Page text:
Here are some statistics about SCI from the National Spinal Cord Injury Statistical Center web site. Disclaimer: This site in general and this post in particular does not contain medical advice. Always seek the advice of your physician or other qualified health provider with any questions you may have regarding a medical condition. Never disregard professional medical advice or delay in seeking it because of something you have read on the PNP Site!
This is useful information to have because it gives a “big picture” view of the common medical consequences of SCI. It’s not a predictor of how any individual case will turn out, so please don’t mistake it as such. But now that we know what average looks like, let’s each try to beat the averages! If you want to know how this might apply to you, I suggest that you download and print the report (see the link near the bottom of this page), read it, and then talk with your doctor about how this might apply to your specific situation.
- A recent estimate showed that the annual incidence of spinal cord injury (SCI) is approximately 54 cases per one million people in the United States, or about 17,500 new SCI cases each year. New SCI cases do not include those who die at the scene of the accident.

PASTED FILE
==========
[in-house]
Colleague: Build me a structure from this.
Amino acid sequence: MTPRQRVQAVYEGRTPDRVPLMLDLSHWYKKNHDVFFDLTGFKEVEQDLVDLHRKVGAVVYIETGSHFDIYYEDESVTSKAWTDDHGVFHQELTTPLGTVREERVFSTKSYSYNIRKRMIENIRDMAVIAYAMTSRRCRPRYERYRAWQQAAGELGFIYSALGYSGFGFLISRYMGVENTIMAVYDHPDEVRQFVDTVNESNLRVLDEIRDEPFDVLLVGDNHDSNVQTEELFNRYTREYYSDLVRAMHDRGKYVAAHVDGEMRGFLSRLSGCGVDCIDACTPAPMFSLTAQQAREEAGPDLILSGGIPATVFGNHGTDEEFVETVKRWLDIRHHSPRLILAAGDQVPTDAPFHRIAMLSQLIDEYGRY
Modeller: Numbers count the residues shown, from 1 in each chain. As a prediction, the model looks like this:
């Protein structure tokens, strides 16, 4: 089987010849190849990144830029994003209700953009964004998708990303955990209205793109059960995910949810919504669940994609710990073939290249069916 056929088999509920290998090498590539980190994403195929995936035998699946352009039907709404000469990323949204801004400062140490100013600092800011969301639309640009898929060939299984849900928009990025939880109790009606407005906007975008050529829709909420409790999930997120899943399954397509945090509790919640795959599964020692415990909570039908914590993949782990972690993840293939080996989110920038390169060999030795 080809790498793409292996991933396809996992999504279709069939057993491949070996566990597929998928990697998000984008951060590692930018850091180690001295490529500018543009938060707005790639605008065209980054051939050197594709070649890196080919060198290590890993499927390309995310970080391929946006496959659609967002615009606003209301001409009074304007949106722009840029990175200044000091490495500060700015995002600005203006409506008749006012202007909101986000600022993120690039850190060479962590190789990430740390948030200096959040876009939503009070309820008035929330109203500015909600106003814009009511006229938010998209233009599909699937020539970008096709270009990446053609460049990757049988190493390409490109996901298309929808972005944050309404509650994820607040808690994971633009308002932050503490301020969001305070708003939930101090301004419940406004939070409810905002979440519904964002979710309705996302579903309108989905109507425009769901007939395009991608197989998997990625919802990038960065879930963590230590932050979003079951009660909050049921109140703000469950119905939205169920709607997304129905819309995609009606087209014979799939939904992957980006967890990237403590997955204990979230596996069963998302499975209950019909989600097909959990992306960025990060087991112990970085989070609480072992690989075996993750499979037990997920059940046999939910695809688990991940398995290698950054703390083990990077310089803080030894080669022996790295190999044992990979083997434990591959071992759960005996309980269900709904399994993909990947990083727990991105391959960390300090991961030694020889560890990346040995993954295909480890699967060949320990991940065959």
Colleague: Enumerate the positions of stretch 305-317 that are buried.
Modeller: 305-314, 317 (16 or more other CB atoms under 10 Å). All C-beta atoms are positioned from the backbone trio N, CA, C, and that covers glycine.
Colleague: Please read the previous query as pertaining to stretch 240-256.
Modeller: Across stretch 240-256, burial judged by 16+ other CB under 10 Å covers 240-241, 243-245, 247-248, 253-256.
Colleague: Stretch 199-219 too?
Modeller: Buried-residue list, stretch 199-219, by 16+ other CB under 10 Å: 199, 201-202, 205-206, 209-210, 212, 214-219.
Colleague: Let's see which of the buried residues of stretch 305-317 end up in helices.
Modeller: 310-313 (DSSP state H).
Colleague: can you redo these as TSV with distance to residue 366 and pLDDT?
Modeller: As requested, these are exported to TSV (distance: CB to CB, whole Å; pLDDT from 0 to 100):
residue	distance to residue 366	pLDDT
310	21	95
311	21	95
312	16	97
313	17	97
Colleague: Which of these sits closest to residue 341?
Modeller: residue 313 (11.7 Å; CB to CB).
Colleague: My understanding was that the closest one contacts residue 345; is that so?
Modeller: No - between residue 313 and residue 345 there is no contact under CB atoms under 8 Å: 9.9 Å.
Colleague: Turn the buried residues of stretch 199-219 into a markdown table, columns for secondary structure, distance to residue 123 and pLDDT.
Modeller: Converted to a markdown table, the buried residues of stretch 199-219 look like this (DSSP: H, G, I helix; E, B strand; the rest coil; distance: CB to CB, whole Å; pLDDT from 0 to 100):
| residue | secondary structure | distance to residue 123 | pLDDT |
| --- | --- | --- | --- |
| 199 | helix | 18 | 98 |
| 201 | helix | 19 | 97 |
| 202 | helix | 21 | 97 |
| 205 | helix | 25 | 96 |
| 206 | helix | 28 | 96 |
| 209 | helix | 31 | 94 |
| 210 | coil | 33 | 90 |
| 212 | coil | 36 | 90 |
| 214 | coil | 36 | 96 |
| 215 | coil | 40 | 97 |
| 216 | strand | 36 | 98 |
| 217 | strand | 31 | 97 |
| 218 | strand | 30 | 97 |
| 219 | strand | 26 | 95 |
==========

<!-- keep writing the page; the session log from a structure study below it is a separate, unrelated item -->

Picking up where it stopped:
- It is estimated that 20 cases per million (4860 per year) die before reaching the hospital. These people are not included in any of the statistics reported below.
- The number of people in the U.S. who are alive in 2017 who have SCI has been estimated to be approximately 285,000 persons
- The average age at injury has increased from 29 years during the 1970s to 42 years currently.
- Males account for about 81% of new SCI cases.
Lengths of stay in the hospital acute care unit have declined from 24 days in the 1970s to 11 days currently.
Rehabilitation lengths of stay have also declined from 98 days in the 1970s to 35 days currently.
Life Expectancy: The average remaining years of life for persons with SCI have not improved since the 1980s and remain significantly below life expectancies of persons without SCI. Mortality rates are significantly higher during the first year after injury than during subsequent years, particularly for persons with the most severe neurological impairments.
- Causes of death: Persons enrolled in the National SCI Database since its inception in 1973 have now been followed for 40 years after injury. During that time, the causes of death that appear to have the greatest impact on reduced life expectancy for this population are pneumonia and septicemia. Mortality rates are declining for cancer, heart disease, stroke, arterial diseases, pulmonary embolus, urinary diseases, digestive diseases, and suicide. However, these gains are being offset by increasing mortality rates for endocrine, metabolic and nutritional diseases, accidents, nervous system diseases, musculoskeletal disorders, and mental disorders. There has been no change in the mortality rate for septicemia in the past 40 years, and only a slight decrease in mortality due to respiratory diseases.
National Spinal Cord Injury Statistical Center, Facts and Figures at a Glance. Birmingham, AL: University of Alabama at Birmingham, 2017